Guatemalan recipes are rarely anything but complex and/or time consuming. Guatemalan women often had a maid, and the maid was the chief cook and bottle washer, so to speak. Most recipes in Guatemala call for at least two different cooking methods, and often three. One assumes that the average Guatemalan woman has the entire day to spend in the kitchen cooking. This bean recipe was no different. First the beans are set to cook with the garlic, chorizo and pork, then the potatoes are added and this is cooked down to tenderness. Separately, the tomatoes, onion and garlic are broiled or otherwise charred (either on a grill or in a dry skillet). Once they are charred, these are pureed in a blender or through a food mill. Then the resultant mixture is fried down a bit before being added to the beans. Kind of a pain to do all these steps.


 The results are spectacular. There are no two ways about it. I had never tried this dish in Guatemala, so it was a complete surprise for me. While I expected a bean dish made with pork and chorizo to be tasty, I just never imagined it would be this amazing. My husband and I really chowed on this stew last evening, so I hope that some of my readers might try this out. It is well worth the time. The tomato sauce part can easily be made ahead of time and refrigerated, or even frozen for later use, and is a delicious sauce on its own. The use of a slow cooker makes the cooking of the beans easy and simple; set it and forget it.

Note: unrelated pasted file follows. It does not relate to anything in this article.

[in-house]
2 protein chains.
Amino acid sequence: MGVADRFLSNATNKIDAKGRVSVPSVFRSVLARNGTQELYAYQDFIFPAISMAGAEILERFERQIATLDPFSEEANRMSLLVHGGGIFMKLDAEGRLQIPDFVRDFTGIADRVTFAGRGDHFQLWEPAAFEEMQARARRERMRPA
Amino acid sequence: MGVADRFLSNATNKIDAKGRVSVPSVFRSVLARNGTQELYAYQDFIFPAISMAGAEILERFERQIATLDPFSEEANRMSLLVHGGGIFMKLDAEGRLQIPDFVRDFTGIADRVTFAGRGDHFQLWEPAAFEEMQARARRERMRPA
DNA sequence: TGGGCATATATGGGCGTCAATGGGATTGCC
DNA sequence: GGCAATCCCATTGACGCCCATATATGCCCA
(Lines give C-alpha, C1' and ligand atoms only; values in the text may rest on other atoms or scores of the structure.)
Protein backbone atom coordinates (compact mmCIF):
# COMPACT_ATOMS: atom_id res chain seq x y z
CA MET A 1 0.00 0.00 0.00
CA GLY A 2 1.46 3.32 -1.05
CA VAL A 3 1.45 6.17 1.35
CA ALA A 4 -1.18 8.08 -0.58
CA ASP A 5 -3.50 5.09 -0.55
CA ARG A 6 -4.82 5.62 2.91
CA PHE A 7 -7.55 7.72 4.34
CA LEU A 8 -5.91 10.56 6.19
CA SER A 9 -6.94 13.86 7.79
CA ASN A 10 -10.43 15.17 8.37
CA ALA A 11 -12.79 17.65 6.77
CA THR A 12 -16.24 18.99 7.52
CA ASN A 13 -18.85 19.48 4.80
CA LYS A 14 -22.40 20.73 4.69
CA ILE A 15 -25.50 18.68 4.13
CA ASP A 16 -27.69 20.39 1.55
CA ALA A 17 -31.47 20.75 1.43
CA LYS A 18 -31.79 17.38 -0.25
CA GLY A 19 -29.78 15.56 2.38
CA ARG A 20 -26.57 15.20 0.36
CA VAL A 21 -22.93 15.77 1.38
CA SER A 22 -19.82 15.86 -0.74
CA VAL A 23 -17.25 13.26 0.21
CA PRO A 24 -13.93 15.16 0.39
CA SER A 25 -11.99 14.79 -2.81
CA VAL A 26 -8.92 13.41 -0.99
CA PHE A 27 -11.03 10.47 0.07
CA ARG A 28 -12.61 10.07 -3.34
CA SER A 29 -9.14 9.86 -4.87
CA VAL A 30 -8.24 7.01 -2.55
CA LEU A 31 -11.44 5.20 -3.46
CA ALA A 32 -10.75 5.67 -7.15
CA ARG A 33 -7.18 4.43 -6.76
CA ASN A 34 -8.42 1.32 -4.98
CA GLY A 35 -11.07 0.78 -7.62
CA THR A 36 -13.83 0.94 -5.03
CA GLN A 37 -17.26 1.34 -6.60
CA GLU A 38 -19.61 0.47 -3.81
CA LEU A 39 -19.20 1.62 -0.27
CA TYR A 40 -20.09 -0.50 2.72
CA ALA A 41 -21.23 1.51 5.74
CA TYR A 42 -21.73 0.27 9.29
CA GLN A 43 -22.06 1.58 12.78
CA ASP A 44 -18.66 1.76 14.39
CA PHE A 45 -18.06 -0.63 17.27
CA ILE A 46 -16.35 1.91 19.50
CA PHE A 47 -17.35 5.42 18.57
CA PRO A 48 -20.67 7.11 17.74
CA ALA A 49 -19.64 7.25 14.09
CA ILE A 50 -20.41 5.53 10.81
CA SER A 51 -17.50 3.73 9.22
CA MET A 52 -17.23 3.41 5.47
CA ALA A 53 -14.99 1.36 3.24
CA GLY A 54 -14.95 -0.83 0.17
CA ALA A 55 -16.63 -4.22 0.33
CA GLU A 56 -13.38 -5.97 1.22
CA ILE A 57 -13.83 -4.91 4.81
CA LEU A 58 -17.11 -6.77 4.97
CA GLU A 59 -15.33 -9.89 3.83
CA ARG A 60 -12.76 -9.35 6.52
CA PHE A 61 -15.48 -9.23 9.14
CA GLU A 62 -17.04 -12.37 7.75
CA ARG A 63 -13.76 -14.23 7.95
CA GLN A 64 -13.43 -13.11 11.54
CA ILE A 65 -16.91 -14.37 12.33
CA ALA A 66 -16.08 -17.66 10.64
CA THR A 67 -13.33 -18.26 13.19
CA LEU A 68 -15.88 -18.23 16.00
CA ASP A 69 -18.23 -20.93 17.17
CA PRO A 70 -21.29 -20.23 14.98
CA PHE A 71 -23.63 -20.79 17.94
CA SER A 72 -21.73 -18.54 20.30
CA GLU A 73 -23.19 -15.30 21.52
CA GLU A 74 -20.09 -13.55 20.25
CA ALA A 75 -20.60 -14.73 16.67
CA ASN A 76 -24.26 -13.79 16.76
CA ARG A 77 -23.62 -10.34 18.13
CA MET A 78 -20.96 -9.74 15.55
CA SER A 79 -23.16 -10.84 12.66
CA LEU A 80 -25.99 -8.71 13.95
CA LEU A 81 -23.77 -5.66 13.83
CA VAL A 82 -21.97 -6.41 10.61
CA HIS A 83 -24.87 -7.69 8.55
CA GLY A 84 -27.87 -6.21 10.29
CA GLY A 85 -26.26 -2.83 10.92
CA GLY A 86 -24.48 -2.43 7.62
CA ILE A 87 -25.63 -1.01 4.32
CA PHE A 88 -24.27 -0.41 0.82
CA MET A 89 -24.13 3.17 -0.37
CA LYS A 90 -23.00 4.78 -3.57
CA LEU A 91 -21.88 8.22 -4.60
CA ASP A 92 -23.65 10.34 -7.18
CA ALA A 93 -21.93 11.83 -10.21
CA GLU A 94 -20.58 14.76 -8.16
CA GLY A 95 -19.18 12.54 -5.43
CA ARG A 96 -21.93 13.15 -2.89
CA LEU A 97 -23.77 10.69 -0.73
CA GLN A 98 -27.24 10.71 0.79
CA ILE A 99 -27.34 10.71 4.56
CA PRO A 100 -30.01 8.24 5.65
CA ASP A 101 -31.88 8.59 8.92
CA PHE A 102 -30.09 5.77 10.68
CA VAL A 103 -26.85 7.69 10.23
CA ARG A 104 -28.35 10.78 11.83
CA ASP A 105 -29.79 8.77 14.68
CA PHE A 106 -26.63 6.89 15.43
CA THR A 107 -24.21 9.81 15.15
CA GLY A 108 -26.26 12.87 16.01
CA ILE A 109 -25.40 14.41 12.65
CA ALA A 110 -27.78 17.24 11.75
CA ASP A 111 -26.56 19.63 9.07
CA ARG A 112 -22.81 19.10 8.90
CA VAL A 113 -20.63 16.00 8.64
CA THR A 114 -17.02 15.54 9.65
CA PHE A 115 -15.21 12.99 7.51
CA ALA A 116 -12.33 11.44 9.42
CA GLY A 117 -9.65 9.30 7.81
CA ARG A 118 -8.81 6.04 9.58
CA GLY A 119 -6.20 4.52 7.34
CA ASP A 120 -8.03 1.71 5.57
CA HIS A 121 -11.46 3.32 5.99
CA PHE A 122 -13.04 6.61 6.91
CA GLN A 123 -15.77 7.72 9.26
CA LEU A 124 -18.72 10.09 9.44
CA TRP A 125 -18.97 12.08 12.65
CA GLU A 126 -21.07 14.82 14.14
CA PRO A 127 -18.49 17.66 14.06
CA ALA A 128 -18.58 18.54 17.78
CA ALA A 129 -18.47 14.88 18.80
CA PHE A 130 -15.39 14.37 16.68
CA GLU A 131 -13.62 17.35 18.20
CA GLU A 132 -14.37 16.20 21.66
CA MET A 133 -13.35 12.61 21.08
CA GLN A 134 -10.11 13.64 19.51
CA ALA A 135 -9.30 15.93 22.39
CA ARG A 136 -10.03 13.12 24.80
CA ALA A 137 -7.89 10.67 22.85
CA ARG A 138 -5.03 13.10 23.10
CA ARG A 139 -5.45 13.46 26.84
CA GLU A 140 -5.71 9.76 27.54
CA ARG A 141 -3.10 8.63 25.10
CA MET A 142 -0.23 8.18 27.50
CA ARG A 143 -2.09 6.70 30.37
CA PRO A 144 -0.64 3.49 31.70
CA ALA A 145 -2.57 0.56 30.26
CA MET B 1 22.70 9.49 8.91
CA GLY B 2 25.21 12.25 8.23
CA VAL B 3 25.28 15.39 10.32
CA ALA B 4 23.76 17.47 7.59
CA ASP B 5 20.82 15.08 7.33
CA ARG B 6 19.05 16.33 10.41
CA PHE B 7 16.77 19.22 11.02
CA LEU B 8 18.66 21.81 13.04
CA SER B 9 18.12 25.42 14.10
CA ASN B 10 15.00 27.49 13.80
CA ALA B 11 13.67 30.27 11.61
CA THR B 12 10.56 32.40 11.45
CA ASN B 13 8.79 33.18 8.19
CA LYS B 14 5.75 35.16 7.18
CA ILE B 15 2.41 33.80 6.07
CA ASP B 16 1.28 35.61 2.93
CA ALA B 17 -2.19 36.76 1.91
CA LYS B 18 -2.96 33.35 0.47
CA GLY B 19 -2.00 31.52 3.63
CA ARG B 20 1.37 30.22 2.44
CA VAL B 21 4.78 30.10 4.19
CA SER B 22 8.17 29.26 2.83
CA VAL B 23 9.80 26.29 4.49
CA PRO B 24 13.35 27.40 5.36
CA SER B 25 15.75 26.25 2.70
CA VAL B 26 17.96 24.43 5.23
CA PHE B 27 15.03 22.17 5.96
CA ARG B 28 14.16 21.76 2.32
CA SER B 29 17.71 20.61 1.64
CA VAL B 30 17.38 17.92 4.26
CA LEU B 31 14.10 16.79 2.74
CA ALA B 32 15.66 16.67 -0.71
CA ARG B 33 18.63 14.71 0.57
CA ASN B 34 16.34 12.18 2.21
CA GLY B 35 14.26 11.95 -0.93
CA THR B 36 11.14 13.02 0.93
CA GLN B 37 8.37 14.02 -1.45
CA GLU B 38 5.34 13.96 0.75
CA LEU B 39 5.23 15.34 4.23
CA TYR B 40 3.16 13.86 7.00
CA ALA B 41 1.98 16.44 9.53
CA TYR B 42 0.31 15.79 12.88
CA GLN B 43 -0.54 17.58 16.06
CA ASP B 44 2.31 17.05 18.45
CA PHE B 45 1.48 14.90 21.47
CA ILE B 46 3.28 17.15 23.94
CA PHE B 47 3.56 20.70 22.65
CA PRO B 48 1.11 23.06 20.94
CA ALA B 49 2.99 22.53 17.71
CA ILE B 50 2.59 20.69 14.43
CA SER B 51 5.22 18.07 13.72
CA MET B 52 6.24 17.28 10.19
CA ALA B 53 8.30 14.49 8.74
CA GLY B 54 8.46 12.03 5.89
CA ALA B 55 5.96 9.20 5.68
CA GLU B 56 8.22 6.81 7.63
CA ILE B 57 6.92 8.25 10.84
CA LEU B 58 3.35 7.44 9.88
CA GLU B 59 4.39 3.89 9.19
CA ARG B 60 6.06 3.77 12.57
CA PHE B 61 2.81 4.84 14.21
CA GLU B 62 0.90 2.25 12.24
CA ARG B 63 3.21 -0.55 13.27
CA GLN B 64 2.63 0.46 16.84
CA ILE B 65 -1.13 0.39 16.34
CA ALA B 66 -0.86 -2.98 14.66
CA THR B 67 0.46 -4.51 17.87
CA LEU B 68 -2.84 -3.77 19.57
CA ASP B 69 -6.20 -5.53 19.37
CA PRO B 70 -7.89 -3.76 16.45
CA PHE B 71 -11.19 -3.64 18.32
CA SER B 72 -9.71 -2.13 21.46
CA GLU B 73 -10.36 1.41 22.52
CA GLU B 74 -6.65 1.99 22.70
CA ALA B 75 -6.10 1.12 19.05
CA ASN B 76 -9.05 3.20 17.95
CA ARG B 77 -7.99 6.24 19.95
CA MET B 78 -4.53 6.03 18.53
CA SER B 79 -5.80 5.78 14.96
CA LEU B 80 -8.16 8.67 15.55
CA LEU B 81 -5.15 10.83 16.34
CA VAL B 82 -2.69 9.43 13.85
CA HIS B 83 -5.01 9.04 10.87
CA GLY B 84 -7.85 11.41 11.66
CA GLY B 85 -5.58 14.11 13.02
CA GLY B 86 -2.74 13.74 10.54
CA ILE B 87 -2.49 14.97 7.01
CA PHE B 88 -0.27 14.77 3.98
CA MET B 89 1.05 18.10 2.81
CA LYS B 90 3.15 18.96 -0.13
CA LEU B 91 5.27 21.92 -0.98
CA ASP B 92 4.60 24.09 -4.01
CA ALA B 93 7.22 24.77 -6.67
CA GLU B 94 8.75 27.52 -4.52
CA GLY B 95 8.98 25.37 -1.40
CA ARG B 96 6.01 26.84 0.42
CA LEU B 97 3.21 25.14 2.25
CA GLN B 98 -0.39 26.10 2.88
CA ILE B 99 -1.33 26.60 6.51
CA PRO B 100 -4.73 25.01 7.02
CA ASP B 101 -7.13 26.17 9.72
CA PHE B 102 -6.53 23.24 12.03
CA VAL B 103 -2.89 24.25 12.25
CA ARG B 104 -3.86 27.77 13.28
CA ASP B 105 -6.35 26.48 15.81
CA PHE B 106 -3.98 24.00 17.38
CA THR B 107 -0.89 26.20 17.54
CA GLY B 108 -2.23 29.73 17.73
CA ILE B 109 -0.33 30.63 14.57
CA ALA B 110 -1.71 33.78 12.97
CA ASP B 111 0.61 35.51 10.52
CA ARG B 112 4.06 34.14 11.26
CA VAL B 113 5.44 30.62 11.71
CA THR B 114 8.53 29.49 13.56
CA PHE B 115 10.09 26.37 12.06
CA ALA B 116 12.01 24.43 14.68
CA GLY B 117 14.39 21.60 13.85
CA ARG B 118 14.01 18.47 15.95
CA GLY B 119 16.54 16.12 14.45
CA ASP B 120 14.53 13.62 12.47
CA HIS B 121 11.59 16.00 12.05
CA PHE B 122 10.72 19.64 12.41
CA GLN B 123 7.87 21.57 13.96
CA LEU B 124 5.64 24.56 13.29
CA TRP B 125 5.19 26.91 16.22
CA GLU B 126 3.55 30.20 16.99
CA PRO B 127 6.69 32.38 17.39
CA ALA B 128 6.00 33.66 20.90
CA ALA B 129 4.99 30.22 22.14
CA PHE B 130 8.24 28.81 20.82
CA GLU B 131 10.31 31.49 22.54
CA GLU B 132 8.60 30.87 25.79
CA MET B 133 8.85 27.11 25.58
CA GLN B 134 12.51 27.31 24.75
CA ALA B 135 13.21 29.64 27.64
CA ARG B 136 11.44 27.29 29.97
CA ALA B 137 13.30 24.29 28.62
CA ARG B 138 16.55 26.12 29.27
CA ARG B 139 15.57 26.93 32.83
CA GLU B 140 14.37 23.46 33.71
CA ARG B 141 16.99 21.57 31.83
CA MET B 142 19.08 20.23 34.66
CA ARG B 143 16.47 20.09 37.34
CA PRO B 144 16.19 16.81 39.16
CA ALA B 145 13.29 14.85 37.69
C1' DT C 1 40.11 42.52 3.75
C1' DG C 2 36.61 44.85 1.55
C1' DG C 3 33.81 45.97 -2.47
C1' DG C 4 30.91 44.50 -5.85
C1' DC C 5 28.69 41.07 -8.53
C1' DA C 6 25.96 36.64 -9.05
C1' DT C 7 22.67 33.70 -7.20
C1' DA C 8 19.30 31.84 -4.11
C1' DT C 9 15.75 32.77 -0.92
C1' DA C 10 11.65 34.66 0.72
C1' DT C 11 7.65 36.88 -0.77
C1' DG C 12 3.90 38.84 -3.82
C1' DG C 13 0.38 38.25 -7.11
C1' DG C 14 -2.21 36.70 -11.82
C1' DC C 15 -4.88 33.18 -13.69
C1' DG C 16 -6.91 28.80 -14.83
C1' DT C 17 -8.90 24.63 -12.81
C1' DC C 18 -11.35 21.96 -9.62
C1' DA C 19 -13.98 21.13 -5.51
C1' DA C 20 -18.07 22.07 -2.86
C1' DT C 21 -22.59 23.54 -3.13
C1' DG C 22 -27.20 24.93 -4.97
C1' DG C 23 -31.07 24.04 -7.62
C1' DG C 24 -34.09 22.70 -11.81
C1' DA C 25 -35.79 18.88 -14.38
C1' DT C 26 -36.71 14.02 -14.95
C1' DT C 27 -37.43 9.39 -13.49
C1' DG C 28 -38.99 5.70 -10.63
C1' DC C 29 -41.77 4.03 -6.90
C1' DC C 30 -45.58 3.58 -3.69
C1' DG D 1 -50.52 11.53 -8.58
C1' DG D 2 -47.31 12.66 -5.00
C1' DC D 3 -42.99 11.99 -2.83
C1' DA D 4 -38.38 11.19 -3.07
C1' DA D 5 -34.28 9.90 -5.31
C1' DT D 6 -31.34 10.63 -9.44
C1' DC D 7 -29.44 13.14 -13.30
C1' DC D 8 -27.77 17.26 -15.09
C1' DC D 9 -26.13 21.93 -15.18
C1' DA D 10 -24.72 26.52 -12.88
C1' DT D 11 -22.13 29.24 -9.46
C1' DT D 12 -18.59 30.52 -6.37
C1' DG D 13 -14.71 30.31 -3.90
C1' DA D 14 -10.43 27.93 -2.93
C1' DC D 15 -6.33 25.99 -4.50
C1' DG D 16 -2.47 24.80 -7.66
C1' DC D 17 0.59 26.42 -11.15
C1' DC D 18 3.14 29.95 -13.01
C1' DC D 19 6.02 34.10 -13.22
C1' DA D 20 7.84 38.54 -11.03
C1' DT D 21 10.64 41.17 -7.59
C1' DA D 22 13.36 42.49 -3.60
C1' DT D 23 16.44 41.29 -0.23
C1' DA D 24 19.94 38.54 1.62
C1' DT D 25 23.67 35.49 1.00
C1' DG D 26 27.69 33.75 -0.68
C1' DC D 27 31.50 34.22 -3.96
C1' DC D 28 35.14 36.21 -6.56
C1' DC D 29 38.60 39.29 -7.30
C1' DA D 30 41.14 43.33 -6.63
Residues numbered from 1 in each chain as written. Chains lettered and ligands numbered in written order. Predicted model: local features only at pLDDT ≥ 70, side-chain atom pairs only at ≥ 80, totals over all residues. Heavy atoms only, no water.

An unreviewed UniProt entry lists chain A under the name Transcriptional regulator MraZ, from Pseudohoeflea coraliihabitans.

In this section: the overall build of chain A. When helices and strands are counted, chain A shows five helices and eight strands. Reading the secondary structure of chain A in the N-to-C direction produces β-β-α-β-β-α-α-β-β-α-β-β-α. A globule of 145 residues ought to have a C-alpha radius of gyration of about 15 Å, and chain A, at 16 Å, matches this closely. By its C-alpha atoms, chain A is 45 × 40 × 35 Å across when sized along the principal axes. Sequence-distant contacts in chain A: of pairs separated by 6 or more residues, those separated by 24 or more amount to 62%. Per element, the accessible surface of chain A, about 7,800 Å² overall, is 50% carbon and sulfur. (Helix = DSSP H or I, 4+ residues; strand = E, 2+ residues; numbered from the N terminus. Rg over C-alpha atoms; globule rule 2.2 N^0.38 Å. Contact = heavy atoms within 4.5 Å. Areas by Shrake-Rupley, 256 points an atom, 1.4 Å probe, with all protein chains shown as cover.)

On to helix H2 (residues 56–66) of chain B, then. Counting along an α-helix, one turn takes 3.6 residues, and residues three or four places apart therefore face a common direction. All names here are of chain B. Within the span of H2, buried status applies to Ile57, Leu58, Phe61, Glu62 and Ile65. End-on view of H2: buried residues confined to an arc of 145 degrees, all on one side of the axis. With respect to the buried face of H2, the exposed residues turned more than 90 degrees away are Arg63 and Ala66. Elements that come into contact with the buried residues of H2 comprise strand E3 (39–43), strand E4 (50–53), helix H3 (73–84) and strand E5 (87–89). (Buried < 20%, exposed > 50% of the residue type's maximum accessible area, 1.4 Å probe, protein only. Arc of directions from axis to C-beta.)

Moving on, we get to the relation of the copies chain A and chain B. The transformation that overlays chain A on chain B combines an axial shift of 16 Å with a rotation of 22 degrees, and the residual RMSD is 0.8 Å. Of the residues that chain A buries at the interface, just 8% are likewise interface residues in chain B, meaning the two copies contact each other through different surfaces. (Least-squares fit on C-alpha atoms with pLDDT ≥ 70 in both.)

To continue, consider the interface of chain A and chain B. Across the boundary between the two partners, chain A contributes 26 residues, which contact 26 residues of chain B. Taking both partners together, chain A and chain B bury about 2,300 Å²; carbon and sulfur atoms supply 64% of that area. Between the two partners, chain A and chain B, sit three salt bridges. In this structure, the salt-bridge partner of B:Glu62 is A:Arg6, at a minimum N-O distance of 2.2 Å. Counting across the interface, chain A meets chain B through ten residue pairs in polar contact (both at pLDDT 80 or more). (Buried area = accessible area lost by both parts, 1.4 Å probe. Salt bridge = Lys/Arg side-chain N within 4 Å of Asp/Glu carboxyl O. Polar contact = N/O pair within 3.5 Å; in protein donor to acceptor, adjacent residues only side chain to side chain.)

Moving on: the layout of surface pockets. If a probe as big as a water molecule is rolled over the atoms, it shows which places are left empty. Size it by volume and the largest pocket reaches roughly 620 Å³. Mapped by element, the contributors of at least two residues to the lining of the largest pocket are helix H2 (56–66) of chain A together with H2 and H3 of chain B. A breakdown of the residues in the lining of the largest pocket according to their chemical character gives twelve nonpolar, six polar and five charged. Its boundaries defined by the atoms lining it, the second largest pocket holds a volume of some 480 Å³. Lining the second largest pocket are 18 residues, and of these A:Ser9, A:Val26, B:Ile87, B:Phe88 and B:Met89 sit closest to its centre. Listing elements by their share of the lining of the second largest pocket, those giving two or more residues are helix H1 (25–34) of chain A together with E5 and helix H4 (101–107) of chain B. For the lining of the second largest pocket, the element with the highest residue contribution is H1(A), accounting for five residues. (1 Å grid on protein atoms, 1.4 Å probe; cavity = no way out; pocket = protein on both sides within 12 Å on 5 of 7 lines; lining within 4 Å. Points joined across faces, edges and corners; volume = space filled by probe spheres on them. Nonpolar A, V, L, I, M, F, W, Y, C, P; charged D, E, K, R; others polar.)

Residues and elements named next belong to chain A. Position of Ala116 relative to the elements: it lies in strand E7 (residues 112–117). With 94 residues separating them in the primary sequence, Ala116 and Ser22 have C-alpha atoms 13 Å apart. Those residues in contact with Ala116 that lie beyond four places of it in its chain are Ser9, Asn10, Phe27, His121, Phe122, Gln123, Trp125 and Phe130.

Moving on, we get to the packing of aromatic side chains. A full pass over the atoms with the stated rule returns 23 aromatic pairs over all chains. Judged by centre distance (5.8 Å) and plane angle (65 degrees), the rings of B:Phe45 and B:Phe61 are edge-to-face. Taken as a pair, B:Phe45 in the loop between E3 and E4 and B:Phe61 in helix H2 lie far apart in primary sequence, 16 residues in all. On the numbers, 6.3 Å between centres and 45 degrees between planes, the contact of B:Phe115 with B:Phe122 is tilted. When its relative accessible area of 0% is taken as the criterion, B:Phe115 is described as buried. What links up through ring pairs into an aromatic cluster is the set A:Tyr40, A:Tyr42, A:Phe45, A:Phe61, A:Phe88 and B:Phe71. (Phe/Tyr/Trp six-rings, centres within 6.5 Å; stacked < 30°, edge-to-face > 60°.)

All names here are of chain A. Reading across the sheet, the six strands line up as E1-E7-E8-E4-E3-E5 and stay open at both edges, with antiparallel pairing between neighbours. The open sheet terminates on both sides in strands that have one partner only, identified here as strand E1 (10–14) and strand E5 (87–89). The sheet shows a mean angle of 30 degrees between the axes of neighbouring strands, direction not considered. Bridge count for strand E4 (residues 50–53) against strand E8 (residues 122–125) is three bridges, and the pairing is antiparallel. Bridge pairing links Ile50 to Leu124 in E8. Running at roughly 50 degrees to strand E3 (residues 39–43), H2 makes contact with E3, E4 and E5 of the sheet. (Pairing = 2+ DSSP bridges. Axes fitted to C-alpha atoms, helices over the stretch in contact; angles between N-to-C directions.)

This is what I did:

Frijoles Blancos con Chorizo or White Beans with Chorizo

serves 6 to 8
Frijoles Blancos con Chorizo

1 pound white beans (Navy beans, Alubia Blanca), soaked overnight
3 cloves fresh garlic, peeled & sliced
2 small chorizo (about 3.25 ounces), preferably air-dried
1 pound pork riblets or pork spine meat
2 small potatoes, peeled, cubed
2 teaspoons salt

1 pound Roma tomatoes
1 large onion, peeled, cut in wedges
3 cloves fresh garlic, peeled
2 teaspoons fresh thyme leaves
1 - 2 tablespoons shortening, lard or bacon grease for frying
1/2 teaspoon salt

If using a slow cooker, pour in the beans with their soaking water and add in the sliced garlic, chorizo, cut in slices, and the pork riblets. Add in the cubed potatoes and set to cook for 5 to 6 hours, or until tender. Add the 2 teaspoons of salt once the beans are already tender.